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dc.contributor.authorWeihs, Karen L.
dc.contributor.authorMcConnell, Mairead H.
dc.contributor.authorWiley, Joshua F.
dc.contributor.authorCrespi, Catherine M.
dc.contributor.authorSauer-Zavala, Shannon
dc.contributor.authorStanton, Annette L.
dc.date.accessioned2019-04-27T00:17:57Z
dc.date.available2019-04-27T00:17:57Z
dc.date.issued2019-04
dc.identifier.citationWeihs, K. L., McConnell, M. H., Wiley, J. F., Crespi, C. M., Sauer‐Zavala, S., & Stanton, A. L. (2019). A preventive intervention to modify depression risk targets after breast cancer diagnosis: Design and single‐arm pilot study. Psycho‐Oncology.en_US
dc.identifier.issn1057-9249
dc.identifier.issn1099-1611
dc.identifier.doi10.1002/pon.v28.4
dc.identifier.urihttp://hdl.handle.net/10150/632136
dc.description.abstractObjective Apply the National Institutes of Health (NIH) Stage Model to design and test an intervention to prevent depression in breast cancer patients at risk for depression. Methods We identified mindful emotion awareness, along with approach and avoidance strategies for cancer-related coping and emotion regulation, as targets for a preventive intervention adapted from the Unified Protocol for Transdiagnostic Treatment of Emotional Disorders. Patients' preferences for individual, in-person, and time-efficient sessions informed the design. Patients at risk for depression received a 6-week, 5-hour intervention with daily exercises. Intervention targets were assessed at baseline, before each session, and 4-weeks post intervention. Mixed effects analysis of variance (ANOVA) assessed change over the follow-up period, controlling for age, partnered status, and disease stage. Results Fifty-five percent (40/72) of women screened within 6 months of diagnosis had elevated depression risk. Of these, 24 (60%) signed consent. Sixteen received intervention after five were excluded for current depressive disorder, cognitive impairment, or death. Three dropped out. Ninety-eight percent attendance and 77% practice days indicated feasibility. Effect sizes (Cohen's d) corrected for regression to the mean (RTM) were 0.82 for cancer-related acceptance coping, 0.65 for cancer-related emotional expression, and 0.32 and 0.42 for decreased cancer-related avoidance coping and depressive symptoms, respectively. Effect sizes for variables lacking data to correct for RTM were 1.0, 0.7, and 0.5 for decreased rumination, experiential avoidance, and fear of depression, respectively, and 1.3, 0.6, and 0.4 for increased cognitive flexibility, distress tolerance, and describing/not judging emotions, respectively. Conclusions The feasibility of this intervention and malleability of its targets support its further investigation.en_US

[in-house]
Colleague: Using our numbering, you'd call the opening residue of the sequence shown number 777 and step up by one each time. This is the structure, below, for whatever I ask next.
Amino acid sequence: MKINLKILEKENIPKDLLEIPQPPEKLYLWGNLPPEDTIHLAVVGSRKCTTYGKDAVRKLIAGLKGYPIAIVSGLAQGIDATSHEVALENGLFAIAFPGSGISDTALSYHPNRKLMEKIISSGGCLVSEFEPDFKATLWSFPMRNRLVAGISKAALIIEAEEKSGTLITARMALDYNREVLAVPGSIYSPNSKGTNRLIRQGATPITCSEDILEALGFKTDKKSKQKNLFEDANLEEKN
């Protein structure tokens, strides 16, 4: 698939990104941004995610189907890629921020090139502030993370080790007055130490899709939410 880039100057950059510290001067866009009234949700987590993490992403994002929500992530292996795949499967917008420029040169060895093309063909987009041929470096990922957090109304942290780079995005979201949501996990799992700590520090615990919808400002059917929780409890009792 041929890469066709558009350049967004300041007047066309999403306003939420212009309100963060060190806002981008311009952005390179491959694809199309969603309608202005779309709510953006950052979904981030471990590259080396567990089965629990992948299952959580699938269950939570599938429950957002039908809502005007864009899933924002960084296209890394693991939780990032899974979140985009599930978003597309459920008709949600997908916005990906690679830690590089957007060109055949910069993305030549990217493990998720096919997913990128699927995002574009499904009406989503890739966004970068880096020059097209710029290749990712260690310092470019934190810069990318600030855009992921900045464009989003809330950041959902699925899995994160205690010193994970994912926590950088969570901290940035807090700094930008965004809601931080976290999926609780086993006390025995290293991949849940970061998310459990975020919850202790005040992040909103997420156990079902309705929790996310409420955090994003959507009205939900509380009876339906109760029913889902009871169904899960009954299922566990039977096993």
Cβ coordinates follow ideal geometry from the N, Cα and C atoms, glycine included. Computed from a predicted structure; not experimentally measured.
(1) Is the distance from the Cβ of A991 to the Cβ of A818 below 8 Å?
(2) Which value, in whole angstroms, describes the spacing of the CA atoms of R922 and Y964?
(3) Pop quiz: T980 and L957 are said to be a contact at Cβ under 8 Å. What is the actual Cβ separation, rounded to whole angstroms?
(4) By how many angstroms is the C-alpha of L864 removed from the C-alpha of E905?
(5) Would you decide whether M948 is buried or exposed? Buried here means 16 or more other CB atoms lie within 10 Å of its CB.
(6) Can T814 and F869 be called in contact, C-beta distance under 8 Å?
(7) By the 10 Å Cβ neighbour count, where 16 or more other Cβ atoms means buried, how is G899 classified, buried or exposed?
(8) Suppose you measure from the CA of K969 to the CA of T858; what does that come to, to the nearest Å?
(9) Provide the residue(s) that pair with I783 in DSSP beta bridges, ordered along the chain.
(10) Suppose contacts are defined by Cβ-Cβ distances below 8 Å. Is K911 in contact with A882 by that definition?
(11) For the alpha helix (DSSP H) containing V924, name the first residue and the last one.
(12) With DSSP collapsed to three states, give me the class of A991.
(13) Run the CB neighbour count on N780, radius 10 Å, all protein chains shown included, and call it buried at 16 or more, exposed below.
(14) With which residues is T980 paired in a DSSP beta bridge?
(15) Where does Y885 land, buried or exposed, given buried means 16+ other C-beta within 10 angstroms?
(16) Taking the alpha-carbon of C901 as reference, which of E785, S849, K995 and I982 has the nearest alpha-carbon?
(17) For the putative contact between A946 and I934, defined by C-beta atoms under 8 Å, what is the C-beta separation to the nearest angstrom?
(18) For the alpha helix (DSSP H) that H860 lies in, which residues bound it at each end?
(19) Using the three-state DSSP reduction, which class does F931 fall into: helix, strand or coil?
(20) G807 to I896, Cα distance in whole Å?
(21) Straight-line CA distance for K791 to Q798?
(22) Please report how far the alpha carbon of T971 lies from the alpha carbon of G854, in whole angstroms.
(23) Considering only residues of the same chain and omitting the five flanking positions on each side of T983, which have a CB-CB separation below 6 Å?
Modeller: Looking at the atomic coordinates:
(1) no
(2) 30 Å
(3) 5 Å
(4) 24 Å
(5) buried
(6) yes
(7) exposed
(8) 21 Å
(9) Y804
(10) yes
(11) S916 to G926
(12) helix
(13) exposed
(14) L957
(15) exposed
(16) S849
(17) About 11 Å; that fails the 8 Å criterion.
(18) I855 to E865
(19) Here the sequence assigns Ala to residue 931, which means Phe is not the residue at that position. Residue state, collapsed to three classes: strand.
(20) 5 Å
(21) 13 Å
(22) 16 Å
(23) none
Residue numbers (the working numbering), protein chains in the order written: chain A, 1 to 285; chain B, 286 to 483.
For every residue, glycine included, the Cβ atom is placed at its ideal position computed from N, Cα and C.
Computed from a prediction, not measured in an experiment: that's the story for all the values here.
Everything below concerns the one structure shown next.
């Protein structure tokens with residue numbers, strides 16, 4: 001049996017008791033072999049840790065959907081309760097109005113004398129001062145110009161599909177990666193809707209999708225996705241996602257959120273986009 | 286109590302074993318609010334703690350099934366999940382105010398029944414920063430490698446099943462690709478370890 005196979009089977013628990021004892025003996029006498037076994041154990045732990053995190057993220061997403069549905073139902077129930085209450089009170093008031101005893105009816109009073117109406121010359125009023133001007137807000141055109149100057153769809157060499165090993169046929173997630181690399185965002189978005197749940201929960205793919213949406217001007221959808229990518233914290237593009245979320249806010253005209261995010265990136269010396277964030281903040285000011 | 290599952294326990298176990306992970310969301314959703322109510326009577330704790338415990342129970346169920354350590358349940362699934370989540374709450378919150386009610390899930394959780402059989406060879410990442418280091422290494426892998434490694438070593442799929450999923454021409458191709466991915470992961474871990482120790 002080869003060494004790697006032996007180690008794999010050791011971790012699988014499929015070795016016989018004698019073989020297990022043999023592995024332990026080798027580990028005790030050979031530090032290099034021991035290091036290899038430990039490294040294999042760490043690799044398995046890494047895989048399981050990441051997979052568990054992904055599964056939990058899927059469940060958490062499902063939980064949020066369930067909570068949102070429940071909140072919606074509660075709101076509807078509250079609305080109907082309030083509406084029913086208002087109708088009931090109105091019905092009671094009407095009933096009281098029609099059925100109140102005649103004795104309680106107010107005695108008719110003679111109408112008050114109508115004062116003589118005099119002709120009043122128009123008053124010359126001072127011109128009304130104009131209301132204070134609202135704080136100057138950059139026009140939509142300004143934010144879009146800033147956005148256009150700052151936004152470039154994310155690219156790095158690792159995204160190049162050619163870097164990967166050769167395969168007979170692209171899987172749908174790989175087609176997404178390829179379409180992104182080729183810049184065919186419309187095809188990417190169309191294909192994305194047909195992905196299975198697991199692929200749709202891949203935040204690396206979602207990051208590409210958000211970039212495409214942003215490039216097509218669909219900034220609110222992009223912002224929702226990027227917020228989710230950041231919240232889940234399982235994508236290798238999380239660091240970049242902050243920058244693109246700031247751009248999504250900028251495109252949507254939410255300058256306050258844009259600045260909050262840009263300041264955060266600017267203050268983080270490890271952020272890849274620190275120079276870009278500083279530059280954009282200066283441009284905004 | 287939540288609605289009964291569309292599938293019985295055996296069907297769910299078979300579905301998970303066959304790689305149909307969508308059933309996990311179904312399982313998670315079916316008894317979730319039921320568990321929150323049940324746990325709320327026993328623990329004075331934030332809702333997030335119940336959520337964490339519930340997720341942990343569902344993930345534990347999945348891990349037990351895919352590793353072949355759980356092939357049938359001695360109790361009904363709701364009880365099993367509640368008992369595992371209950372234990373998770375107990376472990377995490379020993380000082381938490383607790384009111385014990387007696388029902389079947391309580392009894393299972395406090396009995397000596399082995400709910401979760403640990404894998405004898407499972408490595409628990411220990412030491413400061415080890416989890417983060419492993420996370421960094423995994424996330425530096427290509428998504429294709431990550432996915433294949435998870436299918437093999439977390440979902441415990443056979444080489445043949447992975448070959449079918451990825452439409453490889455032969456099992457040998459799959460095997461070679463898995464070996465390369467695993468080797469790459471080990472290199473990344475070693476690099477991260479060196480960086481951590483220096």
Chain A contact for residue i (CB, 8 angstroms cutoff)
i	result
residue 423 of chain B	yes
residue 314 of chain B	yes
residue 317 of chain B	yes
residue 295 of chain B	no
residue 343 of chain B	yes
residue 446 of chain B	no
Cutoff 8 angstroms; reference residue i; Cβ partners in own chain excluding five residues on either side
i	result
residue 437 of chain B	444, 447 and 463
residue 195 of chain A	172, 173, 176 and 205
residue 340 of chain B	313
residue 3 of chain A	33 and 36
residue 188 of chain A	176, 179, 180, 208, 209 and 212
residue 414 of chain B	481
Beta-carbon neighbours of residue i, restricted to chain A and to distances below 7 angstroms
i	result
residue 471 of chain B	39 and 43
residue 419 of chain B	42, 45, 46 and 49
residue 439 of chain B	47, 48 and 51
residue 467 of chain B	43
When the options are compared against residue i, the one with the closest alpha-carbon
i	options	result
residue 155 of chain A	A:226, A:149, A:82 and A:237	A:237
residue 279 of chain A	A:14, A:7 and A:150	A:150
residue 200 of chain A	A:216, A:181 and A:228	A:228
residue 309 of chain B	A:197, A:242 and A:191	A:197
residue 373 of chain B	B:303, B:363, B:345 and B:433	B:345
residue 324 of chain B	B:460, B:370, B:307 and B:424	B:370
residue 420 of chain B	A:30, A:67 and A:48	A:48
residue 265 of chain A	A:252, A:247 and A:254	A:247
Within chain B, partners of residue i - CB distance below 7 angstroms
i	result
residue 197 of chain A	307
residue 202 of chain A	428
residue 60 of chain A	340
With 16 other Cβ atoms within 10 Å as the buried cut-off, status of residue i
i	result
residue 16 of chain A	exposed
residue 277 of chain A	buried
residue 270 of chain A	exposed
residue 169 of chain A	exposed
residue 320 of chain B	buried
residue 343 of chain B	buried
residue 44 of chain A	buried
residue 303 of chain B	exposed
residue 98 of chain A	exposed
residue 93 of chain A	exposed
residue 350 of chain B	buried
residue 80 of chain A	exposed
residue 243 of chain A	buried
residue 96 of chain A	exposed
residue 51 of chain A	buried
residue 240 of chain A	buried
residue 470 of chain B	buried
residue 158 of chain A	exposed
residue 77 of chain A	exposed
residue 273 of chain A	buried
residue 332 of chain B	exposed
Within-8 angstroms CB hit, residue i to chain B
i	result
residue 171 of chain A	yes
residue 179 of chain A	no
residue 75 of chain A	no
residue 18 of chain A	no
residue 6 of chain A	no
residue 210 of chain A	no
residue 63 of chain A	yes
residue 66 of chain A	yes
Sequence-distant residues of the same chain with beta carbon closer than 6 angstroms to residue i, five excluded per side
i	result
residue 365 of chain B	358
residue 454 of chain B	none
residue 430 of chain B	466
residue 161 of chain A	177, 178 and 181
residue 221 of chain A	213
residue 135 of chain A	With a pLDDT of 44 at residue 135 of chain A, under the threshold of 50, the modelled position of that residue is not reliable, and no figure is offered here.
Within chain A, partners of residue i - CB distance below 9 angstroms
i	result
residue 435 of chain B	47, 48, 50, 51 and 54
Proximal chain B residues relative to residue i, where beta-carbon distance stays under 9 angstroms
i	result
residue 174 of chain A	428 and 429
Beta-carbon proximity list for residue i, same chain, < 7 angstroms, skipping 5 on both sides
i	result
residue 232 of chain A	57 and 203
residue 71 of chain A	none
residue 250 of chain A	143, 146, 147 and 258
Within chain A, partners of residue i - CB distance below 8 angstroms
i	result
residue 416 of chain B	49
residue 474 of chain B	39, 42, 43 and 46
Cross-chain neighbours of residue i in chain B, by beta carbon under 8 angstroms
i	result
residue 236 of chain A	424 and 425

dc.description.sponsorshipBreast Cancer Research Fund [20184915]; National Cancer Institute [NIH R01 CA133081, NCI-NIH P30 CA 16042, NCI-NIH P30CA023074]en_US
dc.language.isoenen_US
dc.publisherWILEYen_US
dc.relation.urlhttps://onlinelibrary.wiley.com/toc/10991611/28/4en_US
dc.rights© 2019 John Wiley & Sons, Ltd.en_US
dc.rights.urihttp://rightsstatements.org/vocab/InC/1.0/
dc.subjectbreast canceren_US
dc.subjectcopingen_US
dc.subjectdepressionen_US
dc.subjectinterventionen_US
dc.subjectoncologyen_US
dc.subjectpreventionen_US
dc.titleA preventive intervention to modify depression risk targets after breast cancer diagnosis: Design and single-arm pilot studyen_US
dc.typeArticleen_US
dc.contributor.departmentUniv Arizona, Dept Psychiaten_US
dc.contributor.departmentUniv Arizona, Dept Psycholen_US
dc.identifier.journalPSYCHO-ONCOLOGYen_US
dc.description.note12 month embargo; first published: 25 February 2019en_US
dc.description.collectioninformationThis item from the UA Faculty Publications collection is made available by the University of Arizona with support from the University of Arizona Libraries. If you have questions, please contact us at repository@u.library.arizona.edu.en_US
dc.eprint.versionFinal accepted manuscripten_US
dc.source.journaltitlePsycho-Oncology
dc.source.volume28
dc.source.issue4


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